So, why exactly did I do this? First off, my wife and I wanted to enroll our (at the time 3-year old) son in Thai preschool. We felt it would help him to learn the language and culture. My wife is from the northeast area of Thailand, also known as Isaan. She was looking forward to spending an extended period of time with her very large extended family. And me, well, I just needed a change of scene. I always came back from Thailand with a fresh new outlook, and figured this could perhaps have a positive effect on my work. Maybe it could even reverse my increasingly cynical outlook. But also, I had a feeling that this experience was going to be different enough from previous trips, and maybe I’d come back with some useful wisdom to share with others.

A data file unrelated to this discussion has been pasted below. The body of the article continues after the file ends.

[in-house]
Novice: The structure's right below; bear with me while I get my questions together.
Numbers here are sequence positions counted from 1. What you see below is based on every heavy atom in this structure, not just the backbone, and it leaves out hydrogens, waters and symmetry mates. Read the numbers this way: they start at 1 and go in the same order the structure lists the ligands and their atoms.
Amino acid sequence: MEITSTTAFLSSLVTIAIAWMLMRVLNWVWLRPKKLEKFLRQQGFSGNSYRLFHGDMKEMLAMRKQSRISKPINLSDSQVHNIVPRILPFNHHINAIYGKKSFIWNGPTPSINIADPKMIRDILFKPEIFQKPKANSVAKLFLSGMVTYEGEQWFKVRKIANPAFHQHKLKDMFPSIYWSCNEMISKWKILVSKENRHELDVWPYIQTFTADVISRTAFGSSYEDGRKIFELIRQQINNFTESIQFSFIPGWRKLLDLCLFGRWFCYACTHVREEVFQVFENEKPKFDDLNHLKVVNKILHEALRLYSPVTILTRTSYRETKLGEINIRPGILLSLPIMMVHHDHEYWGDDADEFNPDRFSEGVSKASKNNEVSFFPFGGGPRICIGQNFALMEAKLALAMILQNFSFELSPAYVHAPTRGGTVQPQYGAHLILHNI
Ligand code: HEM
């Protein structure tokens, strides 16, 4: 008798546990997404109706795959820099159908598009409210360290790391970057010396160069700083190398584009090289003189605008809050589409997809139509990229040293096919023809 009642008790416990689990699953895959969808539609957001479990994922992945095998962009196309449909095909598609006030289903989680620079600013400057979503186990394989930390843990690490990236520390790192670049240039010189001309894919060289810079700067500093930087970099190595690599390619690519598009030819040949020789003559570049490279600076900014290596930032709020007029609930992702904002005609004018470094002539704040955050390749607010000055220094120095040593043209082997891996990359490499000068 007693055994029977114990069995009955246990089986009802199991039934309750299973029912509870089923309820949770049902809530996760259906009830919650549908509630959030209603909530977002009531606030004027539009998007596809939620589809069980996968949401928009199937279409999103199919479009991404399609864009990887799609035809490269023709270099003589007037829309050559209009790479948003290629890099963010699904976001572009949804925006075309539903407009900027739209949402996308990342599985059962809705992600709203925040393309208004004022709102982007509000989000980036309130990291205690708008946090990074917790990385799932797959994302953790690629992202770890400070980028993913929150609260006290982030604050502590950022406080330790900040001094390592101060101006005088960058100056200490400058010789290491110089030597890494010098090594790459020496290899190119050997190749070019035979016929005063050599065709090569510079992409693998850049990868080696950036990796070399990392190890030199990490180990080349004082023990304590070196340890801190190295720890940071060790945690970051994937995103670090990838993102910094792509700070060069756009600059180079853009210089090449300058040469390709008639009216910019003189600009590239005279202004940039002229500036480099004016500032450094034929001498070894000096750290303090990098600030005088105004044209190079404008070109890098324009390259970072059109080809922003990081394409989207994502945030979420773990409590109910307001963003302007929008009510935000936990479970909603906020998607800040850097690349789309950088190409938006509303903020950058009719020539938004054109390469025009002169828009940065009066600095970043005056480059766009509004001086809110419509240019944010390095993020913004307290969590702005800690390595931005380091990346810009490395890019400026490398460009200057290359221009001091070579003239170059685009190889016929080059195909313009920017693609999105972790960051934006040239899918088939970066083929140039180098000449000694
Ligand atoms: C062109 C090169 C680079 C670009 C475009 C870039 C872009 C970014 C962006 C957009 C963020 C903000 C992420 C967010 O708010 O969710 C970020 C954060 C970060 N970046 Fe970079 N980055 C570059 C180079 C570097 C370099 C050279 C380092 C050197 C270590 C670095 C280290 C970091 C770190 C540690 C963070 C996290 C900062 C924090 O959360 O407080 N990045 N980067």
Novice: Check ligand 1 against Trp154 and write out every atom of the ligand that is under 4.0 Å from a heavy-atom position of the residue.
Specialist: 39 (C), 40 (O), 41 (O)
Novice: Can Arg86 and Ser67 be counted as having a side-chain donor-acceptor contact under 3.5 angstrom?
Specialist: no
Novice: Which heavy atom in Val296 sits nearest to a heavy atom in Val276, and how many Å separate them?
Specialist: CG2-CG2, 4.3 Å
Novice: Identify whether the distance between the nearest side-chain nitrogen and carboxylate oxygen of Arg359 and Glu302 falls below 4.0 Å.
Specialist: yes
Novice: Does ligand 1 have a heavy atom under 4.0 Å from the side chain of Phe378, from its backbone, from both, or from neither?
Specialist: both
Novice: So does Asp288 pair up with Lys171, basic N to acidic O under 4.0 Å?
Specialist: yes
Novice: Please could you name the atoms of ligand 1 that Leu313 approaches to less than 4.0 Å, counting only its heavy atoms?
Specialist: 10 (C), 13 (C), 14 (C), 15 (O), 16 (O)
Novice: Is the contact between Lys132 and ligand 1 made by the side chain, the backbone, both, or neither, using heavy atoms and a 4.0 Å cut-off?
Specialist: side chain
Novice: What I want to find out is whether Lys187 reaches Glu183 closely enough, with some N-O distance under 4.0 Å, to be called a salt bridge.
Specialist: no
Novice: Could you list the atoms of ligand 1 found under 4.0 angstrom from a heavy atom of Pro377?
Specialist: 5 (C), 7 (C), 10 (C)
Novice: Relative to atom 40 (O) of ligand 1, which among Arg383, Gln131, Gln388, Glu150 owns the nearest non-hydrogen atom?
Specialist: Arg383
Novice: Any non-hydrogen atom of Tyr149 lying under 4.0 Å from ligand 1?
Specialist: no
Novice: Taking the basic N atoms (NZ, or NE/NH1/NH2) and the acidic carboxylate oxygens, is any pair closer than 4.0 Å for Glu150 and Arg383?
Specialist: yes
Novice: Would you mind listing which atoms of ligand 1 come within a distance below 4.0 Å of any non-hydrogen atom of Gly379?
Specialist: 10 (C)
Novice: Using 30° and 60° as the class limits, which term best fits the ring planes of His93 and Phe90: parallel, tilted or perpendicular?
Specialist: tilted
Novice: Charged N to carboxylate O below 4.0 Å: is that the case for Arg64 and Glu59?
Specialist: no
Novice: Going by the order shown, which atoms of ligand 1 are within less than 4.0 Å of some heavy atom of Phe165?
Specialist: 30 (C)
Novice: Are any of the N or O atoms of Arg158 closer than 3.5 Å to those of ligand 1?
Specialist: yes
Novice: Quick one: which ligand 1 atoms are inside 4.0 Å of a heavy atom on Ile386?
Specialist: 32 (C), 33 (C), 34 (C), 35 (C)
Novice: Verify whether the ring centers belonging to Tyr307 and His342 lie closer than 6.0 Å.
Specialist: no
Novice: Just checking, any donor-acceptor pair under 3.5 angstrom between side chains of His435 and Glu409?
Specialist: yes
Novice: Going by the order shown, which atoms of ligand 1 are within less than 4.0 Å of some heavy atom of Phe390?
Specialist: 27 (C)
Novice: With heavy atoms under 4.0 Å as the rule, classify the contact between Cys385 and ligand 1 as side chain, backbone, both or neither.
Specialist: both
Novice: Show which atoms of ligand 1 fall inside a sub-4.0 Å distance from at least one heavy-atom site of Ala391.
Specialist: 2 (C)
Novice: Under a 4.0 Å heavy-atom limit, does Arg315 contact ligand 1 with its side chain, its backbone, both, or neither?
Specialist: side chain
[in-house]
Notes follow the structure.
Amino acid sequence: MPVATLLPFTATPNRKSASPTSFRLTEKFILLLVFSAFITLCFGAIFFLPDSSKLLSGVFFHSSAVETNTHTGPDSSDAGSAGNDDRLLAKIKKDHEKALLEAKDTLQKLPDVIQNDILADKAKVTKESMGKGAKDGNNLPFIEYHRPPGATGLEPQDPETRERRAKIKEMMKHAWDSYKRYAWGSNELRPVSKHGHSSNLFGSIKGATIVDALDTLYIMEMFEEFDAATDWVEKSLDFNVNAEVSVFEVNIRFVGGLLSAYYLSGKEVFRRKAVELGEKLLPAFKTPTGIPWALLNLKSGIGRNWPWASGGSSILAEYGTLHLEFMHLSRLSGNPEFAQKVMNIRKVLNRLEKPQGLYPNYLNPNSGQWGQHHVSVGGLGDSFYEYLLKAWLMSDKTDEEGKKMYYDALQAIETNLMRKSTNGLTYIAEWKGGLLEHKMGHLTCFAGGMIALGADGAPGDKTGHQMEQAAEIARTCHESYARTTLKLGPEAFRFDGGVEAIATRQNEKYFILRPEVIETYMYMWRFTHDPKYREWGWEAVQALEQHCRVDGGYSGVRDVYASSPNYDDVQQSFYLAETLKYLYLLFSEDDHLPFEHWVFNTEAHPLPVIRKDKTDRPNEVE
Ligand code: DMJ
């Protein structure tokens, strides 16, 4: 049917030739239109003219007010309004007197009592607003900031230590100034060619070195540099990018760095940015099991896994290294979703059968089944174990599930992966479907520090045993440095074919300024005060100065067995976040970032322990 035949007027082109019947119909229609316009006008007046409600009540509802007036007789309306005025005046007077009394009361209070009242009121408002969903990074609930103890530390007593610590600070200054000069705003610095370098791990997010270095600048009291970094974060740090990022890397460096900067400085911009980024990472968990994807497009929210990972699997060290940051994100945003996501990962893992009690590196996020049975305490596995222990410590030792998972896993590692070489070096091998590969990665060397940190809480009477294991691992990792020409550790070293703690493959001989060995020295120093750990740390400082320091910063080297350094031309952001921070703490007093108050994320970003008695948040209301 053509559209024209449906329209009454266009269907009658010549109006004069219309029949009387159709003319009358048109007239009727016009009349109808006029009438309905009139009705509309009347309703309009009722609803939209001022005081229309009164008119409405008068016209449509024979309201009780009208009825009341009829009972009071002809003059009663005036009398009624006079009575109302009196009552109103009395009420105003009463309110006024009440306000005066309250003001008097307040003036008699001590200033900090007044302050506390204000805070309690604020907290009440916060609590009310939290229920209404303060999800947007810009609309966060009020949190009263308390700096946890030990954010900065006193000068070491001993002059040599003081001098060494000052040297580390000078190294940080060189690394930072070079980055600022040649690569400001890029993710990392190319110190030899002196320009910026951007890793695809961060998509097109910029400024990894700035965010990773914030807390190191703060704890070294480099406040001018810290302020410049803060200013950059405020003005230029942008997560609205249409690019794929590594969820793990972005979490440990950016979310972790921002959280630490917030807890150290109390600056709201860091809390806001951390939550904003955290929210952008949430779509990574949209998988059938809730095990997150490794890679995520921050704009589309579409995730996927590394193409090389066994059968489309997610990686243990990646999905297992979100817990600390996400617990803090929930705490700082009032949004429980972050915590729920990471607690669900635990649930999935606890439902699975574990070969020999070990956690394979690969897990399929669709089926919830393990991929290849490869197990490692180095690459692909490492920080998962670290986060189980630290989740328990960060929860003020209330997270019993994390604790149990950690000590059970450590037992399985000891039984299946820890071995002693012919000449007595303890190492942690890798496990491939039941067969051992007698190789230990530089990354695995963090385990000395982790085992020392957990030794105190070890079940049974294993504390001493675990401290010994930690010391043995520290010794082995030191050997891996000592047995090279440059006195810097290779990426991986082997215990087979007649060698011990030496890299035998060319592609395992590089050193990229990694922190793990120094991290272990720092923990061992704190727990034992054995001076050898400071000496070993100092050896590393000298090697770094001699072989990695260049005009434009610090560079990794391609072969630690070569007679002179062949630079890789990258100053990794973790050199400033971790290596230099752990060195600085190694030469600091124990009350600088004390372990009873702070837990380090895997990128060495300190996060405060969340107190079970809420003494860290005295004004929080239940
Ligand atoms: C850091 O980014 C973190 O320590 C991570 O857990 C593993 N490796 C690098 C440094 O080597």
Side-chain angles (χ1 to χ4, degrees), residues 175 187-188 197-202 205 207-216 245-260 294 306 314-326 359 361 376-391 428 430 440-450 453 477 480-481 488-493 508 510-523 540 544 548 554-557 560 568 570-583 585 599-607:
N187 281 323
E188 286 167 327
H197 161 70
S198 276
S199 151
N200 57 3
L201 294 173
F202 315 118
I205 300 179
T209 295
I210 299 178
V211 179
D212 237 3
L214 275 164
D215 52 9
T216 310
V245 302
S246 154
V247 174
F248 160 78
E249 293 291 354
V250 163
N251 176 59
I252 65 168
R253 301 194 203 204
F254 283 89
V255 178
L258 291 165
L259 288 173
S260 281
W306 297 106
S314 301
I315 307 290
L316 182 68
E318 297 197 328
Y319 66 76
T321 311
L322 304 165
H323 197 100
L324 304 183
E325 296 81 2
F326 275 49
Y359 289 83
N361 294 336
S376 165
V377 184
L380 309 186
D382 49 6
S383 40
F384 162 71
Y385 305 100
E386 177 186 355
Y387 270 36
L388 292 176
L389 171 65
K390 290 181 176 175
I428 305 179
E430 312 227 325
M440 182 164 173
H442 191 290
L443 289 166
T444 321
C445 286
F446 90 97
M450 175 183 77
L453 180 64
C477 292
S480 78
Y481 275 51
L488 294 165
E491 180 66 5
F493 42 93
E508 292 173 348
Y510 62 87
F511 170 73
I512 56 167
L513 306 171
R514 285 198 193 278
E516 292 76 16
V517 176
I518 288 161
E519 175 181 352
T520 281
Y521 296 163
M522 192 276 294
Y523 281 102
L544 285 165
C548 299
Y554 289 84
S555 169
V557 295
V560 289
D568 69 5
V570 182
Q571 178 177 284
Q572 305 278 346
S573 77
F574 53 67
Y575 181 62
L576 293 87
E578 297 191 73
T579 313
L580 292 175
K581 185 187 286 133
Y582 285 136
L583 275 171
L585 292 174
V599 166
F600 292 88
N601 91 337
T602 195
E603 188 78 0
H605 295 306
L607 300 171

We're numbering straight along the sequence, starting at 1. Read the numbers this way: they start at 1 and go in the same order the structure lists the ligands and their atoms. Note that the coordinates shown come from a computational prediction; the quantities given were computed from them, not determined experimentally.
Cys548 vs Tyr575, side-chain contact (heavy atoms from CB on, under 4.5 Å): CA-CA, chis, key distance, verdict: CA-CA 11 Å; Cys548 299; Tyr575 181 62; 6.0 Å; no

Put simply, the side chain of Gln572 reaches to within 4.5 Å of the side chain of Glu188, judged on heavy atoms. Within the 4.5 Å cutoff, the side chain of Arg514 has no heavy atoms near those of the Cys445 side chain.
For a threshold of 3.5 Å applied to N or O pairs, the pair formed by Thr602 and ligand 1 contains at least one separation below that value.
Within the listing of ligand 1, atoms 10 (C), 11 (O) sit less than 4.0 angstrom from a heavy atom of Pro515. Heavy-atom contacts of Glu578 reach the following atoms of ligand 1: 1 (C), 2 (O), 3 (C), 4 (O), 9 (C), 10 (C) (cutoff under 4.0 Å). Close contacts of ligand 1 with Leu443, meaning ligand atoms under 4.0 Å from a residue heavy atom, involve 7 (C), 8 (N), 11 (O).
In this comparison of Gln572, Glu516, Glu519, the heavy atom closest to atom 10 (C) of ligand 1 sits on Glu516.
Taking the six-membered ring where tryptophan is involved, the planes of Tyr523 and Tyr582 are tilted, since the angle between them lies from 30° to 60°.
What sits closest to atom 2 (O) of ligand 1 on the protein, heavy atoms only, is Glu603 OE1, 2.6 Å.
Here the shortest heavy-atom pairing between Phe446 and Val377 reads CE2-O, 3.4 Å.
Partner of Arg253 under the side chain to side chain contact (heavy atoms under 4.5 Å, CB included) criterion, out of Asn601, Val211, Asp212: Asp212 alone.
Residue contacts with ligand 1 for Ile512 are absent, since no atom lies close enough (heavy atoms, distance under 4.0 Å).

One of many co-working spaces I visited in Chiang Mai, which is considered to be one of the top places to work remotely in the world.

The benefits of working from home back in the states were already well known to me. Good things include:

  1. Less distractions. At least distractions are easier to control. Unless you count packs of rabid dogs, passing elephants, and karaoke bars that shake the walls of your residence until morning. Well, I don’t. That’s part of Thailand’s charm that I find so enthralling. Sure, you can head to the office and grab an empty room to work without distractions, until someone finds you, or needs to use the room. And, sorry, but it’s kind of awkward to move my laptop into a meeting room. Why do I have a desk anyway? When you’re remote, it feels natural to work whenever and wherever. Communication happens on your terms, and interruptions seem to be easier to avoid.